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Magdalena Koziol, a former postdoc at Yale University, was the victim of scientific sabotage. Now, she is suing the...
Antiretroviral drugs can protect people from becoming infected by HIV. But so-called pre-exposure prophylaxis, or PrEP...
Two studies show that eating a diet low in protein and high in carbohydrates is linked to a longer, healthier life, and...
Considered an icon of conservation science, researchers at World Wildlife Fund (WWF) headquarters in Washington, D.C.,...
The new atlas, which shows the distribution of important trace metals and other substances, is the first product of...
Early in April, the first of a fleet of environmental monitoring satellites will lift off from Europe's spaceport in...
Since 2000, U.S. government health research agencies have spent almost $1 billion on an effort to churn out thousands...
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NRC Committee Finds That Humans Are Triggering Quakes
15 June 2012 2:03 pm
Pumping all manner of fluids into deep rock formations has triggered earthquakes strong enough to cause a bit of damage while seriously rattling the local populace, a committee of the National Research Council (NRC) concluded in a report released today.
Fracking for natural gas and oil, formally known as hydraulic fracturing, has been responsible for only one or two triggering episodes, the committee found. But hundreds of felt quakes in 13 states have been produced by the deep injection of wastewater from fracking and other industrial activities, as well as the creation of geothermal energy sites, the enhanced recovery of oil and gas, and even the simple extraction of oil and gas. And capturing the greenhouse gas carbon dioxide from power plants and pumping it into the ground "may have potential for inducing larger seismic events," the committee found, because much larger volumes would be involved.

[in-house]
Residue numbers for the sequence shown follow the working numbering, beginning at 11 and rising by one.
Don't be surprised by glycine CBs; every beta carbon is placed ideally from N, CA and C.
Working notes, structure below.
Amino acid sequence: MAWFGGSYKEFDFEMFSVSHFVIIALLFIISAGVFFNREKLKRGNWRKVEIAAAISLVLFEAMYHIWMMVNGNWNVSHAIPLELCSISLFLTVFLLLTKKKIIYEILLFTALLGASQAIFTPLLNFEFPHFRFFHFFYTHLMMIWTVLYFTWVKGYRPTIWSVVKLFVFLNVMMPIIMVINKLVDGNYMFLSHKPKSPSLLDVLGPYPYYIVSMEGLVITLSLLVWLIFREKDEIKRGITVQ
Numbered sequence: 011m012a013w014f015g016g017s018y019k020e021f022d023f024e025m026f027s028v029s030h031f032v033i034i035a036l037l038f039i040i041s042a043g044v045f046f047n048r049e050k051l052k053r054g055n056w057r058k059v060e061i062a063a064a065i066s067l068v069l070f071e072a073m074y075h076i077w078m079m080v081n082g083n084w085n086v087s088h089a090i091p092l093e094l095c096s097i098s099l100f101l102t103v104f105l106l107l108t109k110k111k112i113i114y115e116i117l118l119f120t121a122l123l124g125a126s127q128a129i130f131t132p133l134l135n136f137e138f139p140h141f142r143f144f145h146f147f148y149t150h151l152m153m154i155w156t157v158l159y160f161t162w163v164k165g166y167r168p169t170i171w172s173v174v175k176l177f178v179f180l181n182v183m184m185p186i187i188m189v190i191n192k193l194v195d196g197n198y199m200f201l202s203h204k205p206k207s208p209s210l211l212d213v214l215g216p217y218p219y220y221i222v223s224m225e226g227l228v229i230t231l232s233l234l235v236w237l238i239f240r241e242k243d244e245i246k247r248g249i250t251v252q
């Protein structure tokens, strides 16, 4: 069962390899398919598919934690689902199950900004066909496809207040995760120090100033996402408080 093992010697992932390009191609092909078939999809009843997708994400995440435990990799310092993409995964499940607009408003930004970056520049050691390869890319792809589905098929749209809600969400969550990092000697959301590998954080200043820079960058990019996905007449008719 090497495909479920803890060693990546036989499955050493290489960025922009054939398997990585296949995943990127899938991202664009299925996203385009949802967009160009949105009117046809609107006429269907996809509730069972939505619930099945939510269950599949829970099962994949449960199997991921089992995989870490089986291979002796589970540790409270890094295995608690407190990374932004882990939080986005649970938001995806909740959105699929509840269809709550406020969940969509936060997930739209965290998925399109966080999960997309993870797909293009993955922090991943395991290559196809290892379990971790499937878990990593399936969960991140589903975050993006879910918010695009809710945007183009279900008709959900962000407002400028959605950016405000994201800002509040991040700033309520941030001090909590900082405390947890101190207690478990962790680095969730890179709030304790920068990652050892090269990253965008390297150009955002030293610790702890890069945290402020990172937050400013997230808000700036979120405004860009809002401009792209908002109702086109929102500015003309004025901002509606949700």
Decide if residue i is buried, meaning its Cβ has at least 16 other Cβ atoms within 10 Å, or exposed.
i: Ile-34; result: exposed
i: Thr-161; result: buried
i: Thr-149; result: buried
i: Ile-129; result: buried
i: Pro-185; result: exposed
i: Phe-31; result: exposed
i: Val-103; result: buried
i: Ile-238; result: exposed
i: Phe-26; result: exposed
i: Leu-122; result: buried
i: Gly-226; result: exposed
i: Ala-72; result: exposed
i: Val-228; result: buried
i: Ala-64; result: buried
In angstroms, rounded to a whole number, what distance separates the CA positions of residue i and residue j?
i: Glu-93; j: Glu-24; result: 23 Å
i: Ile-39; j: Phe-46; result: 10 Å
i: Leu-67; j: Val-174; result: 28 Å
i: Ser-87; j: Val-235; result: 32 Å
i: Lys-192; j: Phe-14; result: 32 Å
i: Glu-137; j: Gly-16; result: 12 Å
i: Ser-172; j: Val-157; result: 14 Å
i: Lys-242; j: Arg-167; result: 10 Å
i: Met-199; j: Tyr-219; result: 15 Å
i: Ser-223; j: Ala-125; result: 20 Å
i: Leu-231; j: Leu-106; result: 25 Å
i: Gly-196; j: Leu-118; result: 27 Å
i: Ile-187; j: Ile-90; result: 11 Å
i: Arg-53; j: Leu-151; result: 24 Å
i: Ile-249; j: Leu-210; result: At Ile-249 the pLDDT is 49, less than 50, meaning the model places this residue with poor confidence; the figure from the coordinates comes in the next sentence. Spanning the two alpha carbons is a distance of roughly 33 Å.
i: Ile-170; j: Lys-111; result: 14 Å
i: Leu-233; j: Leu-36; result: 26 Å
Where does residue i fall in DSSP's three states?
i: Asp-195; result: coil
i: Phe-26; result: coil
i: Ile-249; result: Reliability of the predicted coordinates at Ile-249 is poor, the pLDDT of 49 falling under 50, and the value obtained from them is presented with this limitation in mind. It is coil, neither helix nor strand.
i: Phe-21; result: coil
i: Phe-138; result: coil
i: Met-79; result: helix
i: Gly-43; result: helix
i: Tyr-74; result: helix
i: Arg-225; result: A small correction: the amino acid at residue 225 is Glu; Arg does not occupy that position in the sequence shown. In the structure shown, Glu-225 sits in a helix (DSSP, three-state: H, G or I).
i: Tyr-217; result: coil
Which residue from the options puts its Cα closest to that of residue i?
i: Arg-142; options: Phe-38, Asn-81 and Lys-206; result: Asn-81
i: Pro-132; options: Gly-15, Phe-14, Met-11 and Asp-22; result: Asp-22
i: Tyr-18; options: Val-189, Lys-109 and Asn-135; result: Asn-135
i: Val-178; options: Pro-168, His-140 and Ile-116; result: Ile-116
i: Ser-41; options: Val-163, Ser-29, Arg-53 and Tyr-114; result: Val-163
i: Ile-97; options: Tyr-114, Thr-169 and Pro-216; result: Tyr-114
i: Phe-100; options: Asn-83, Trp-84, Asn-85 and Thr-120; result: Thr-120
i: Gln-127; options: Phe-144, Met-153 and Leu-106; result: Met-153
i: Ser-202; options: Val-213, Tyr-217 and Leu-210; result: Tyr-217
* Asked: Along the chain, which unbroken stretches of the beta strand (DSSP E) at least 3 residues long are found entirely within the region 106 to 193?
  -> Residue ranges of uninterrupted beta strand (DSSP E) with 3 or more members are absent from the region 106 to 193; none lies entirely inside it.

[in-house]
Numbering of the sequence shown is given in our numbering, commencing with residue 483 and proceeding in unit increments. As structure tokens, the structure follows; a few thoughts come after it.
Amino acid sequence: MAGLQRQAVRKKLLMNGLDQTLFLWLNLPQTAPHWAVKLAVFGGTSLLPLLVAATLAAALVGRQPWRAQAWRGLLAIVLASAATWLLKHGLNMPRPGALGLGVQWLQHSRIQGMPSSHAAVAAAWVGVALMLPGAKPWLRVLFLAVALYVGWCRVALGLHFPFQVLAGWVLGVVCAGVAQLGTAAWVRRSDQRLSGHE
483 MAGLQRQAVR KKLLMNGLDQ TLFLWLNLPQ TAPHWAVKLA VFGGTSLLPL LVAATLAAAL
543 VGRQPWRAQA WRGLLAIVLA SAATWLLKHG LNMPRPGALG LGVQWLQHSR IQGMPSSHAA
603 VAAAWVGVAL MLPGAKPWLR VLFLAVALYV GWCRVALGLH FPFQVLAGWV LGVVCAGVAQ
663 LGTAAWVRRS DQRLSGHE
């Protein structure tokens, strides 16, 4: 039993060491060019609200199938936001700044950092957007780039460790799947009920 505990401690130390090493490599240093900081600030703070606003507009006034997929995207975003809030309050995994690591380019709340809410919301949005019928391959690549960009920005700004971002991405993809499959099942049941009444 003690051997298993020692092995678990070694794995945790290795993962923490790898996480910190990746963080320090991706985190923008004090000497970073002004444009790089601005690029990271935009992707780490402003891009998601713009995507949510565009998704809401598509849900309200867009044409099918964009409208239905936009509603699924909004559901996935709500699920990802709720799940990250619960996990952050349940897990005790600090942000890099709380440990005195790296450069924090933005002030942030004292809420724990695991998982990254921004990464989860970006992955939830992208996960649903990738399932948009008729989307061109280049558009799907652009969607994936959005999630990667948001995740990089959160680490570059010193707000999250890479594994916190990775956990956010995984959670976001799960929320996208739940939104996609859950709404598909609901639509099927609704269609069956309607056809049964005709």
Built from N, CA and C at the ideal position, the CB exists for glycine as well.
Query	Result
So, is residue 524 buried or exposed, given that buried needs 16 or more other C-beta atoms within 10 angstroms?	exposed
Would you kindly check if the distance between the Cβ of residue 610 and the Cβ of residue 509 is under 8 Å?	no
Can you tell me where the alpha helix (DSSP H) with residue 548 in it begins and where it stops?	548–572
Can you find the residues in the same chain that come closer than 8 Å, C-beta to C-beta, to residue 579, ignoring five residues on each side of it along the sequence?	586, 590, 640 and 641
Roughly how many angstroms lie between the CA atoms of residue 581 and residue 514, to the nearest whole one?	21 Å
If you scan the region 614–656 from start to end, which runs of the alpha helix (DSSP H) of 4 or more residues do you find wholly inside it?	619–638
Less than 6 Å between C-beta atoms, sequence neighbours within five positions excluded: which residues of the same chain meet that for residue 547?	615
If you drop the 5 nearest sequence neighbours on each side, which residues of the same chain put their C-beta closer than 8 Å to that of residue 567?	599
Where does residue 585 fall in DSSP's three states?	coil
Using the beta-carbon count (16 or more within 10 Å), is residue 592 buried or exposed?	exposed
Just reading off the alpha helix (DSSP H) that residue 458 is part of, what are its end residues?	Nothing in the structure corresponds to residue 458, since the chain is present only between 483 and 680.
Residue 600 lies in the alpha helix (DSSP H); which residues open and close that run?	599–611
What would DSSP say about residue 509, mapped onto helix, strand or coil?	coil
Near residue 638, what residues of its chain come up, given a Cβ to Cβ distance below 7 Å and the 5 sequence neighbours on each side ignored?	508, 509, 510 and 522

The committee also concluded that drillers could better anticipate and ameliorate the seismic hazards of fluid injection. The basic science is well understood, it noted, but forecasting the hazard from induced earthquakes and taking steps to minimize the risk have been frustrated by the dearth of detailed geologic and geophysical observations of specific sites.
Assessments of the risk of induced seismicity "should be undertaken before operations begin in areas with a known history of felt seismicity," the committee wrote. Such pre-injection studies have generally not been done in the past, although some new state regulations are moving in that direction. And of course, "Further research is required."